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Climax Restoration Project
Summary of the February 2-3, 2008 Work Session

Painted coal bunker in the inverted position, with temporary protective roof  attached for long-term, outside storage.
Lathe parts
Assembling the cleaned and repaired carriage apron of the recently donated 20-inch Lodge and Shipley engine lathe.
Lathe parts
Apron partly assembled after cleaning and lubricating all the individual parts. This is as far as assembly could proceed  due to the fact that replacement bearings could not be immediately acquired.

Lathe parts
An amazing amount of parts make up the workings of a relatively modern industrial-sized lathe of the 1950's vintage.  Luckily nothing that would need to be  purchased from Monarch Machine Tool at outrageous prices was fount to be broken or worn out.  All the needed replacement bearings are still current items  and simply needed to be ordered from firms specializing in the sale of such items to end users.
This is the Lodge and Shipley that we are currently in the process of cleaning and repairing.  Note that the apron that we are working on is missing from underneath the front of the carriage.

Shop view
General shop view showing lots of locomotive pieces scattered about.  In the foreground at the right is a pinion gear that has been separated from its old shaft.  Immediately above the gear is an array of four worn out swivel plates plus one of the new replacement plates being machined from the solid plates shown stacked on a pallet at the foot of the lathe on the left.  In the background is the inverted coal bunker with its attached temporary roof.  Viewers should have fun identifying other bits and pieces of the locomotive that are visible.
Shop view
Same shop, viewed from the opposite end.  The fork-lift on the right is graciously loaned to the project every work session by the Park from the Cass Shop.  Without its use it would be very near impossible to handle the various locomotive components.

Here are two tank sides with the curved corners formed on their ends Along the bottoms of each are steel angles with fabricated corner angles welded to each end.  Flat plates, not shown,  will connect these two "U" shaped plates to form all four sides of the tank.  The tank bottom, shown flat on the floor in this shot, will be welded to the reinforcing angle that will be along all four sides of the tank.  Baffle plates, to control excessive water sloshing, will rivet to the sides of the tank at the three vertical rows of widely spaced holes seen on the sheet in the foreground. Initial fitting up of the tank components will be by bolting, but eventually every hole in the tank will be filled by a round head rivet.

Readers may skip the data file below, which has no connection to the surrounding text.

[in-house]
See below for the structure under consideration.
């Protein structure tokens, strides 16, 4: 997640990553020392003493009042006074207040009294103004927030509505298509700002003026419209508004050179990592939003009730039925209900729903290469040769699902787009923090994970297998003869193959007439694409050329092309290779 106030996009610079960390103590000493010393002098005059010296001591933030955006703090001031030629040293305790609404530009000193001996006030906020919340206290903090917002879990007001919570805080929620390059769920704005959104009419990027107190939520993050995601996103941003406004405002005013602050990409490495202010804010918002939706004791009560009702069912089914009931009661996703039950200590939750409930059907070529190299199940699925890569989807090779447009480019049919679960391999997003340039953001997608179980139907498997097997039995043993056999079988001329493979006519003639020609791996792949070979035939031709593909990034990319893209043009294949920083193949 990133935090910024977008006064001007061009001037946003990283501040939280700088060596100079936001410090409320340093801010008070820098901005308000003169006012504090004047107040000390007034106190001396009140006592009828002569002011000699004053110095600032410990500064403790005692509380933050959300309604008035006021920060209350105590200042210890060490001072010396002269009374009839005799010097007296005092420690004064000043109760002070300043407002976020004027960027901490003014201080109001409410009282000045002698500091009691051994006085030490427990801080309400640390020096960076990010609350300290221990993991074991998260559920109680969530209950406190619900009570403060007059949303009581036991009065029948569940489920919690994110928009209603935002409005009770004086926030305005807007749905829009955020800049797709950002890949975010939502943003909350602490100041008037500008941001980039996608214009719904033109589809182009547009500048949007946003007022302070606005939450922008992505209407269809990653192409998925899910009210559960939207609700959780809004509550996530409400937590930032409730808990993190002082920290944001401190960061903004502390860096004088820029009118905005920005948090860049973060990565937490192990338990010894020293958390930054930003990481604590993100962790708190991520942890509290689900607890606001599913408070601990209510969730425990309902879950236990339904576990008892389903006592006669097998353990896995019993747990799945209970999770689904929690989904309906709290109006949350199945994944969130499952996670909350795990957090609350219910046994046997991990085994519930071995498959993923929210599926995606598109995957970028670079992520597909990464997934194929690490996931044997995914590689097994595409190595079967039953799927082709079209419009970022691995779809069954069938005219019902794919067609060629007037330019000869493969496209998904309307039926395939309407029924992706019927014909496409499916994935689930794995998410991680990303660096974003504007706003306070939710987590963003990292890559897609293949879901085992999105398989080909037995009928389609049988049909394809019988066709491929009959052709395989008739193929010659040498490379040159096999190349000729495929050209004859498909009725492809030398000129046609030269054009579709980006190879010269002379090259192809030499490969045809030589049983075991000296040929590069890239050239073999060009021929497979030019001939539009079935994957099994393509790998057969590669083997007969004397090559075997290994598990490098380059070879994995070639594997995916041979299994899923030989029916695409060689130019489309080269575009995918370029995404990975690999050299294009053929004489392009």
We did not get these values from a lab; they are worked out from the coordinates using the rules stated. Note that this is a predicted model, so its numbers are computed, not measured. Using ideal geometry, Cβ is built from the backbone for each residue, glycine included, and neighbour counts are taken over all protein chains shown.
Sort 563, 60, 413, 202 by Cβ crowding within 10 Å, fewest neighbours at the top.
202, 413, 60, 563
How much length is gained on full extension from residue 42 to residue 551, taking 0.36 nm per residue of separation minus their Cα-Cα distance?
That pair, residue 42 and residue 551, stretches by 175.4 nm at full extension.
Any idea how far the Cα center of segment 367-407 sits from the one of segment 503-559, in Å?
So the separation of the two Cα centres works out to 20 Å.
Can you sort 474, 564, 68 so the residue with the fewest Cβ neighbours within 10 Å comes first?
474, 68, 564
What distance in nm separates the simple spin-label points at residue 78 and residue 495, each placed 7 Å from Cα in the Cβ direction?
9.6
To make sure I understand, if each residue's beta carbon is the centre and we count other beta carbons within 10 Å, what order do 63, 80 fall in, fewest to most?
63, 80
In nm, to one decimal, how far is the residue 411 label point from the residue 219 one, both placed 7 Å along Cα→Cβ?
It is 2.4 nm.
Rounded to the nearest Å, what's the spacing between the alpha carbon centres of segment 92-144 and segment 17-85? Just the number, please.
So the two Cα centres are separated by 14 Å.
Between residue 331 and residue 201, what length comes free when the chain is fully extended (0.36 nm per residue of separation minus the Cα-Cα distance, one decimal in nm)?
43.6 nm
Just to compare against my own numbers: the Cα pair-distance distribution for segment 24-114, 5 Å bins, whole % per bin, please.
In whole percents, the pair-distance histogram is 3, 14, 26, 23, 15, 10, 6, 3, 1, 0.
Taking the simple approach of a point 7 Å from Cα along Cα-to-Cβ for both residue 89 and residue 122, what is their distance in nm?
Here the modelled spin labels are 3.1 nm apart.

The four old bolster swivel plates, which allow the trucks to turn to adjust to the curvature of the track, are junk and will be replaced by ones newly machined from solid plates.   All four of the old plates are supposed to have a raised circular portion, like the old upper left plate.  This raised area allowed the heads of the opposing mounting bolts to bypass without interference.  When the locomotive was taken apart it was noted that the heads of some of the mounting bolts were well worn away.  Note the differing styles of depressions at the ends of the plates.  The octagonal portion of the new plate will be turned circular as soon as the big lathe is back together, and freed from the job of removing the remains of old drive-shafts from the pinion gears.  Building up with weld and salvaging the old plates was not considered for a second, as welding on one face would have warped them tremendously.

Tank sides, bottom, and painted coal bunker.  The bunker is ready to go out the door for long-term outside storage.

Getting Involved

Volunteers are always welcome to help with the project.  There are normally work session about every two or three weekends.  Dormitory-style housing is supplied in Cass at no cost  and meals are provided by the Association.  Workers typically arrive on Friday evening, work a long day on Saturday and Sunday morning with an early afternoon departure for home.  Due to insurance regulations all volunteers must be current MSR&LHA members and everyone must sign a liability waiver for the Park.

If you are interested in volunteering please contact Grady Smith, the Climax Restoration Project Manager, at or 740-373-2895 to get the latest work schedule and discuss your interests and skills.

Check the Schedule of Upcoming Climax Project Work Sessions for upcoming work dates.

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Page last updated or validated on November 28, 2008